Farmers and cattle owners apply for grazing permits and Forest Department gives permits after checking necessary documents.
(A grazing permit is given to poor persons who depend on cattle rearing under the TN Forest Rights Act.)
In Theni district, the permit is applied for a particular variety of native cattle called ‘malaimadu.’ Grazing permit in reserve forest assumes importance in the lives of many cattle rearers.
Cattle owners allege delay in grant of permits this year. “Over the years, the number of permits has been reduced and the process has become tough,” said T. Kannan, Theni district secretary, Tamil Nadu Farmers’ Association.
“No permit has been given in the Cumbum Gudalur ranges of the Meghamalai Wildlife Sanctuary in the last 12 years. The department has been attributing it to plantation projects. Saplings have to be protected and grazing has to be restricted but the trees could have grown up in the 12 years,” he said.
Gautham, District Forest Officer, Theni Division, said that grazing in these areas would spoil the very objective of plantation projects. “Apart from saplings getting grazed by cattle, afforestation and ecosystem would be hit. Tree sapling planting programmes, NABARD and Special area development schemes are undertaken every year. We collect data of these plantations and it will be published soon. Permits will be issued excluding these plantations thereafter.”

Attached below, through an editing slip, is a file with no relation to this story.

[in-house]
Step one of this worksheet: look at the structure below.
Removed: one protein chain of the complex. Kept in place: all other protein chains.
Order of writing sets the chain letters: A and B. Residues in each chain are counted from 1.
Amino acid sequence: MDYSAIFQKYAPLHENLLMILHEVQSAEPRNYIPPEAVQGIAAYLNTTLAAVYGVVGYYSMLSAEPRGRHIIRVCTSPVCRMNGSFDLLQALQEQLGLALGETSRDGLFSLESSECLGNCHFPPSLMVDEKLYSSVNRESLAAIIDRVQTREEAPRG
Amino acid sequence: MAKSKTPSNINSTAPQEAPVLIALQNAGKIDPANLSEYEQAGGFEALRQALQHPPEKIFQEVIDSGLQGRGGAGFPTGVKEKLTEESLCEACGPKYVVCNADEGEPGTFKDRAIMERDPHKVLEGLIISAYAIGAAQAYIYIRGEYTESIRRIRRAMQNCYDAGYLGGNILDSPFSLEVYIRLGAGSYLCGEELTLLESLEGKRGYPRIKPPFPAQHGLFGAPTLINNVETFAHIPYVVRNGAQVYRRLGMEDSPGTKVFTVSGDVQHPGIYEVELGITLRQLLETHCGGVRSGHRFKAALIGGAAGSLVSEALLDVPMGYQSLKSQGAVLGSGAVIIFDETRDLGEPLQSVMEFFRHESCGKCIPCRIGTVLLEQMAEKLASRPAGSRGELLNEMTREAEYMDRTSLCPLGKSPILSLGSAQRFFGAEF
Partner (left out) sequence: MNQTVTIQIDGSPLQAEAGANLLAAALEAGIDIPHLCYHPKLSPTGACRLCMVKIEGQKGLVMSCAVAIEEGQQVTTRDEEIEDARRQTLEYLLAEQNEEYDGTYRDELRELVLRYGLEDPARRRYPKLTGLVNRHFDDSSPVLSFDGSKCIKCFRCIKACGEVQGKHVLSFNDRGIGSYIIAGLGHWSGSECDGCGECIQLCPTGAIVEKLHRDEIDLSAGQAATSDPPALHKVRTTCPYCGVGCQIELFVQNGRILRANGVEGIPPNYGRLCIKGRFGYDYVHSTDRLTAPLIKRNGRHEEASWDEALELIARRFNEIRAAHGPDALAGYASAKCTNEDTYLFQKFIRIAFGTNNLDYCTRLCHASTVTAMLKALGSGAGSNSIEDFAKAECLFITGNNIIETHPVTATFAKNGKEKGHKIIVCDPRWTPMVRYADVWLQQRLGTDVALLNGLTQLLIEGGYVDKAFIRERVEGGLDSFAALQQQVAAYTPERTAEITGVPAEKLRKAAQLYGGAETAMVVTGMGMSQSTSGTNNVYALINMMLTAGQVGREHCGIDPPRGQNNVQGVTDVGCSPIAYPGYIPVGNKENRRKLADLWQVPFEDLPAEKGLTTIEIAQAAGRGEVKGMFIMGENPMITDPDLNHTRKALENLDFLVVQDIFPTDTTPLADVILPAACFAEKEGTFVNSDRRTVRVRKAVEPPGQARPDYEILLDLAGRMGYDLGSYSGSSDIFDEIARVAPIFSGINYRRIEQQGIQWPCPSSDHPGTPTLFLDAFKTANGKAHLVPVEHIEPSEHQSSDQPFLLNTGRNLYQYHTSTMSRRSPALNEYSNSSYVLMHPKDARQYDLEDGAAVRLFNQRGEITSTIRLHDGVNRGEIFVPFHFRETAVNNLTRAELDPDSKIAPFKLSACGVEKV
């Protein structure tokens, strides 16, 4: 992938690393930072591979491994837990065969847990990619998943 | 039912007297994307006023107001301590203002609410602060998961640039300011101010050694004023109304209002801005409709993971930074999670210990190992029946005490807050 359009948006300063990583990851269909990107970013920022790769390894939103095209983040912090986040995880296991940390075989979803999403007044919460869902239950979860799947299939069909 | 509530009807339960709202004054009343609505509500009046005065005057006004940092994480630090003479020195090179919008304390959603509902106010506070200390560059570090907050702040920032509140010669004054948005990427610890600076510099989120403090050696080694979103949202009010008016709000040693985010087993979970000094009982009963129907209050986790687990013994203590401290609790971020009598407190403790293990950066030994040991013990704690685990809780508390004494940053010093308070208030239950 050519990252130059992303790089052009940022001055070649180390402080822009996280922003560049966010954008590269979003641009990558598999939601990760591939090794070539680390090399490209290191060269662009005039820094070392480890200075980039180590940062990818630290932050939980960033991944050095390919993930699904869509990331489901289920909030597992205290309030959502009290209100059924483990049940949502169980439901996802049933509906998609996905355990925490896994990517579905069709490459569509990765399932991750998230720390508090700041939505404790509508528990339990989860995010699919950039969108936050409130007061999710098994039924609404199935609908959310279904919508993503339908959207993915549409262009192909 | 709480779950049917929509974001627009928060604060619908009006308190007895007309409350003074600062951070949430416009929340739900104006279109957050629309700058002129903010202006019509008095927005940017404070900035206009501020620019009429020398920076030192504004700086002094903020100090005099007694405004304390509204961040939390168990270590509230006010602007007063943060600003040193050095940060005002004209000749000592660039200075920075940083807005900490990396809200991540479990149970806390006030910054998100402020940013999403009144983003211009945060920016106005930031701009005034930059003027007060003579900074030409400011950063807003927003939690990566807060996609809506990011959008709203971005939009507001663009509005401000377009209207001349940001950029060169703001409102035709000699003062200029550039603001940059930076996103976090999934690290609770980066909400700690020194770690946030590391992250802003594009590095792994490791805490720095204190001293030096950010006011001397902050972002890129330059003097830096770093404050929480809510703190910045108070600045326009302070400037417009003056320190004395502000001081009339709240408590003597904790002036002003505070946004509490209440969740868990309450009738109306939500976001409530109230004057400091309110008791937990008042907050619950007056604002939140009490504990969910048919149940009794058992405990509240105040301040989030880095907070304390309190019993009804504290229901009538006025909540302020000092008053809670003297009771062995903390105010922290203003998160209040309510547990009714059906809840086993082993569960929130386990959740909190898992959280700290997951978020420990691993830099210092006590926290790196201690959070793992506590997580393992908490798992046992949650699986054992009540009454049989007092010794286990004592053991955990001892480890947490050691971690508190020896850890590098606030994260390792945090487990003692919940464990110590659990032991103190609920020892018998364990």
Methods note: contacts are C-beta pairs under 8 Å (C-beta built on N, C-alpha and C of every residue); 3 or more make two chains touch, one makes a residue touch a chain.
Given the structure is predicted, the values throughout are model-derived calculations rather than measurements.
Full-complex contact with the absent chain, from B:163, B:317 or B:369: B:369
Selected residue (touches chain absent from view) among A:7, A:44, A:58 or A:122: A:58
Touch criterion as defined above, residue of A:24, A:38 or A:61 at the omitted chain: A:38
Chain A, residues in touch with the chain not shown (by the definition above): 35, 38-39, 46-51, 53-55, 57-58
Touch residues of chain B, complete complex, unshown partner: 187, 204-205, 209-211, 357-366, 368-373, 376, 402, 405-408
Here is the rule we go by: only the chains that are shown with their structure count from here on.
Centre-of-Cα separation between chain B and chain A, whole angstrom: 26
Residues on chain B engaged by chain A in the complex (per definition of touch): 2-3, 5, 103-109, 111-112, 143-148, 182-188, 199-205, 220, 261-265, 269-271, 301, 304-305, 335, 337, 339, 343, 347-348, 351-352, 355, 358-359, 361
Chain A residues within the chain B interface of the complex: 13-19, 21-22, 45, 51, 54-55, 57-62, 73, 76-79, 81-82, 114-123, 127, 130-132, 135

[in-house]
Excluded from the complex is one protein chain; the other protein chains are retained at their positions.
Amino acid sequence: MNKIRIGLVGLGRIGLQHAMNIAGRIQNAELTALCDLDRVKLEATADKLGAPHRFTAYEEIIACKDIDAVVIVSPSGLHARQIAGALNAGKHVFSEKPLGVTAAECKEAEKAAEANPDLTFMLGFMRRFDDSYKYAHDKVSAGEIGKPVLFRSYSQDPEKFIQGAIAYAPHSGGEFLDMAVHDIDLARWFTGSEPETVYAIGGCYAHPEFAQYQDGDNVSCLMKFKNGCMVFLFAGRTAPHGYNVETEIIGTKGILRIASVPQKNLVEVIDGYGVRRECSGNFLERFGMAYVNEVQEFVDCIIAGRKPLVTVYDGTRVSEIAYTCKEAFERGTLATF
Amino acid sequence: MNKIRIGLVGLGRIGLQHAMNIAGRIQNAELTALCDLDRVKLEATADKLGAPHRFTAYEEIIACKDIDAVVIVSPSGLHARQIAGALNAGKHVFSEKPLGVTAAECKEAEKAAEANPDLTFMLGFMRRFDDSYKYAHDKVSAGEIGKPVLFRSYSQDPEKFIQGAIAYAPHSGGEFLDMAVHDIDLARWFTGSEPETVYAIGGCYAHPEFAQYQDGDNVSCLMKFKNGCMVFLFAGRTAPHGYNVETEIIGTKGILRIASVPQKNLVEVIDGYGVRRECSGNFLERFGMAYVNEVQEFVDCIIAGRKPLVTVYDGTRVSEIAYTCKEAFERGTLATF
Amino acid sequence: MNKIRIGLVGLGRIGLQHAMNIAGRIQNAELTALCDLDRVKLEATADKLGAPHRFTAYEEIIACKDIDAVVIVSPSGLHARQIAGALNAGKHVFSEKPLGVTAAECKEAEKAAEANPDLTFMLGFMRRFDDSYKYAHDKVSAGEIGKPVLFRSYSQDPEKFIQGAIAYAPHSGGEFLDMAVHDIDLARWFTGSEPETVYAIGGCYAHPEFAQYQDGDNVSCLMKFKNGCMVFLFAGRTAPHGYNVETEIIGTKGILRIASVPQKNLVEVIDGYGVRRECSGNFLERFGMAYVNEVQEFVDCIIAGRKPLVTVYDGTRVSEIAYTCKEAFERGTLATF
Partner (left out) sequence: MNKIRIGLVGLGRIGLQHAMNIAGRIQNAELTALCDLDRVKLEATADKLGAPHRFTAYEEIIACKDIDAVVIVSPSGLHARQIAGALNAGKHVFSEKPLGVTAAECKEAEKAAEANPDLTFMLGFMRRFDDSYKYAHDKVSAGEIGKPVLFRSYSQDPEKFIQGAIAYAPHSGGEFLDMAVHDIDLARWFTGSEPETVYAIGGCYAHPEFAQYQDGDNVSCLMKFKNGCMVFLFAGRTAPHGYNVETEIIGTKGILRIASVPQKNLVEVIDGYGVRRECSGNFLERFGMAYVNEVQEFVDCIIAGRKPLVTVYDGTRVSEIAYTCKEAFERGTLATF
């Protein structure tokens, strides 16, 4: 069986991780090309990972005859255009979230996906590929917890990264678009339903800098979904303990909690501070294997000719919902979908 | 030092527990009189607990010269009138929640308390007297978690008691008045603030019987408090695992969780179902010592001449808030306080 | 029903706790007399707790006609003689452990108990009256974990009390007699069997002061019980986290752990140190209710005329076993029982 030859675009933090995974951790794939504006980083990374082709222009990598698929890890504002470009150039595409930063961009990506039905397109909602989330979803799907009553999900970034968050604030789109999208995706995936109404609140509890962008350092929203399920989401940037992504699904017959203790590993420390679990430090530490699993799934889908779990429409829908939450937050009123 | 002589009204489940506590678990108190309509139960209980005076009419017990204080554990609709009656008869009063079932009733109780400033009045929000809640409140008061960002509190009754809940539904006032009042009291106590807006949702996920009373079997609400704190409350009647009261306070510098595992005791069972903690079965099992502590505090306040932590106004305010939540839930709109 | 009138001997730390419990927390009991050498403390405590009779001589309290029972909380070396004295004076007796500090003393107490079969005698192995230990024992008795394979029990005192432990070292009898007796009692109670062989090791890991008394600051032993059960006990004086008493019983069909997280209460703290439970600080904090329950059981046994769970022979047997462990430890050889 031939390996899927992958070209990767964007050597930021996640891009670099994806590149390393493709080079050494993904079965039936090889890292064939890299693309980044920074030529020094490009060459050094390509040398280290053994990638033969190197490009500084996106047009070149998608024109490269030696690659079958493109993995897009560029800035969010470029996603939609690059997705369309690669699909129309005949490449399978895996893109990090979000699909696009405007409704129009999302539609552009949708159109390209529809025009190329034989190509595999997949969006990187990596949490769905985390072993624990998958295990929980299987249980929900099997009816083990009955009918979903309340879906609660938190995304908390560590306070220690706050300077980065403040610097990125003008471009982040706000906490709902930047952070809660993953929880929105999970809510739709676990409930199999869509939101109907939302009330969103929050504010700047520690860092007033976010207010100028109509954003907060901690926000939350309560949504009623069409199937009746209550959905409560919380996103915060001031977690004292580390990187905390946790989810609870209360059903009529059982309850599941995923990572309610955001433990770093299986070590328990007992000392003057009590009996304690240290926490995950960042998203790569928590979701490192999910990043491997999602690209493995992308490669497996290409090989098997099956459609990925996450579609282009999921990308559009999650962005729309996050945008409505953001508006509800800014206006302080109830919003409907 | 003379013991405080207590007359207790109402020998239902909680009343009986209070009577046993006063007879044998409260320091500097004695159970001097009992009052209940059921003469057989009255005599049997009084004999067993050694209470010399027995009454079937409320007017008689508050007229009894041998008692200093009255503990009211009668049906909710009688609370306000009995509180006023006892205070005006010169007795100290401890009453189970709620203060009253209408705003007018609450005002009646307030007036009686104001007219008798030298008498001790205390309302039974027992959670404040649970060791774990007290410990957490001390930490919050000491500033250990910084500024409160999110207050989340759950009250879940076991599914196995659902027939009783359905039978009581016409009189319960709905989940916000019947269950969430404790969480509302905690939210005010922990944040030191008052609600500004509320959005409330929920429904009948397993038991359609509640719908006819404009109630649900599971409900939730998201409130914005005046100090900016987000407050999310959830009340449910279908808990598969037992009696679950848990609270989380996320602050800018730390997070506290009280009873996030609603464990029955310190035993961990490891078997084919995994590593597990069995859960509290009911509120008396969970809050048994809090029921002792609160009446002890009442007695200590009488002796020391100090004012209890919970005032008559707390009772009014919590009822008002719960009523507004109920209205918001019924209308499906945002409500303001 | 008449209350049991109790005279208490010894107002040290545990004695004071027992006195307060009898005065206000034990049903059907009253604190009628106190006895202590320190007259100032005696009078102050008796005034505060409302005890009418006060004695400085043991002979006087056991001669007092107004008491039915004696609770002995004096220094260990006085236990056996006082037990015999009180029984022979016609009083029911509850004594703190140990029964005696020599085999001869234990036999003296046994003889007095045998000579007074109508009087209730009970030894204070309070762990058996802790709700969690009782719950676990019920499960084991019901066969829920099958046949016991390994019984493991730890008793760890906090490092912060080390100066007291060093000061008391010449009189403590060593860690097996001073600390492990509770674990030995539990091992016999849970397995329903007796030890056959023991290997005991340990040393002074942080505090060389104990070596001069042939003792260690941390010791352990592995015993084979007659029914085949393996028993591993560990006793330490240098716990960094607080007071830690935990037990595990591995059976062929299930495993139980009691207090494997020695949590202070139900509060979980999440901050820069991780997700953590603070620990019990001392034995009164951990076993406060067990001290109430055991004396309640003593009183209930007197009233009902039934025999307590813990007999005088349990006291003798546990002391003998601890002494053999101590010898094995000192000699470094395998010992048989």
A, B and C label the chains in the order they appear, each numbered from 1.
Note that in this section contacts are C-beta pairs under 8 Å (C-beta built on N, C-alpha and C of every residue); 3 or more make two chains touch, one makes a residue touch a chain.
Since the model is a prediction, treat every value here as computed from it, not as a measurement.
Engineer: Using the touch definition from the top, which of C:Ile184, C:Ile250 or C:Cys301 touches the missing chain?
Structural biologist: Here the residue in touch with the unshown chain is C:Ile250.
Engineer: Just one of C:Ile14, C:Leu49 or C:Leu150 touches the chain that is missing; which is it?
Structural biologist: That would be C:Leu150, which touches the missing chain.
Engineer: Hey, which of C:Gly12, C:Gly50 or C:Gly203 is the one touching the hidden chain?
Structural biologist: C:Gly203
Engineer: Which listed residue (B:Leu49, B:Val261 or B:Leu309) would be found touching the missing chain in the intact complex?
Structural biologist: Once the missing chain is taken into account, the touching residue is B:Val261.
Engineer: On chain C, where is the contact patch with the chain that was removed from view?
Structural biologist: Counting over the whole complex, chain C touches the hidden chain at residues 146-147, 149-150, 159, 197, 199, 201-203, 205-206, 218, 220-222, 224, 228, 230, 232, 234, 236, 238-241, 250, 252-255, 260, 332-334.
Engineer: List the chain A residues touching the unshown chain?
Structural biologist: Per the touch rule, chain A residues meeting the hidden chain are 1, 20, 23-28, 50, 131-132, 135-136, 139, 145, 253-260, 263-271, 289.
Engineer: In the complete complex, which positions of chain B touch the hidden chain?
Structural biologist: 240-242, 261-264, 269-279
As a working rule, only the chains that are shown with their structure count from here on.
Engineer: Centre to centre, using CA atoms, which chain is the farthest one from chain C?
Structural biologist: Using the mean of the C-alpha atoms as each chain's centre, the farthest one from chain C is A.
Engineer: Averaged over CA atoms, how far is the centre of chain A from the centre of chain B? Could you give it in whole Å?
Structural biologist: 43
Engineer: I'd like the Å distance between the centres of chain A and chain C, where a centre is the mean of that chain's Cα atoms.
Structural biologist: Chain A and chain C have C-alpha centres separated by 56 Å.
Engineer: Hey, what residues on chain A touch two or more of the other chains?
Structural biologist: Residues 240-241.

According to A. Suresh Kumar, district secretary, Colonel John Pennycuick Traditional Cattle Rearers Association, the number of ‘malaimadu’ has come down.
“In 1984, there were 1.5 lakh cattle but now there are hardly 15,000. The purpose of rearing ‘malaimadu’ is not for milk as they produce hardly 250 ml of milk a day but the manure is used in organic farming. These cattle do not consume artificial fodder but eat grass only. Shrinking grazing grounds will result in extinction of the breed and affect agriculture.”
“The department gave 3250 permits in 2016. It came down by 250 every year. Last year, 2750 permits were given. We do not know how many permits will be given this year. Eight years ago, a meeting was held under RDO and permits were given for grazing in the foothills of Chinnamanur range; it is stopped this year,” he said.
Wildlife Warden of Meghamalai Wildlife Sanctuary, Sachin Bhosle, said that permits were being misused. So the process is streamlined. “A permit is meant for a single cattle but people sneak in hundreds of cattle. Instead of poor individual farmers, permits are got by those who own 200 or 300 cattle. So, fodder for wild herbivores inside the forest becomes scarce. Indian Gaurs have been dying of starvation due to lack of food and water inside the forest. Lack of rain and encroachment has shrunk their living space. The stress on forest is more so that the number of permits is being reduced gradually. Further, a change has been brought about in the application process including an insurance that has been made mandatory,” he said.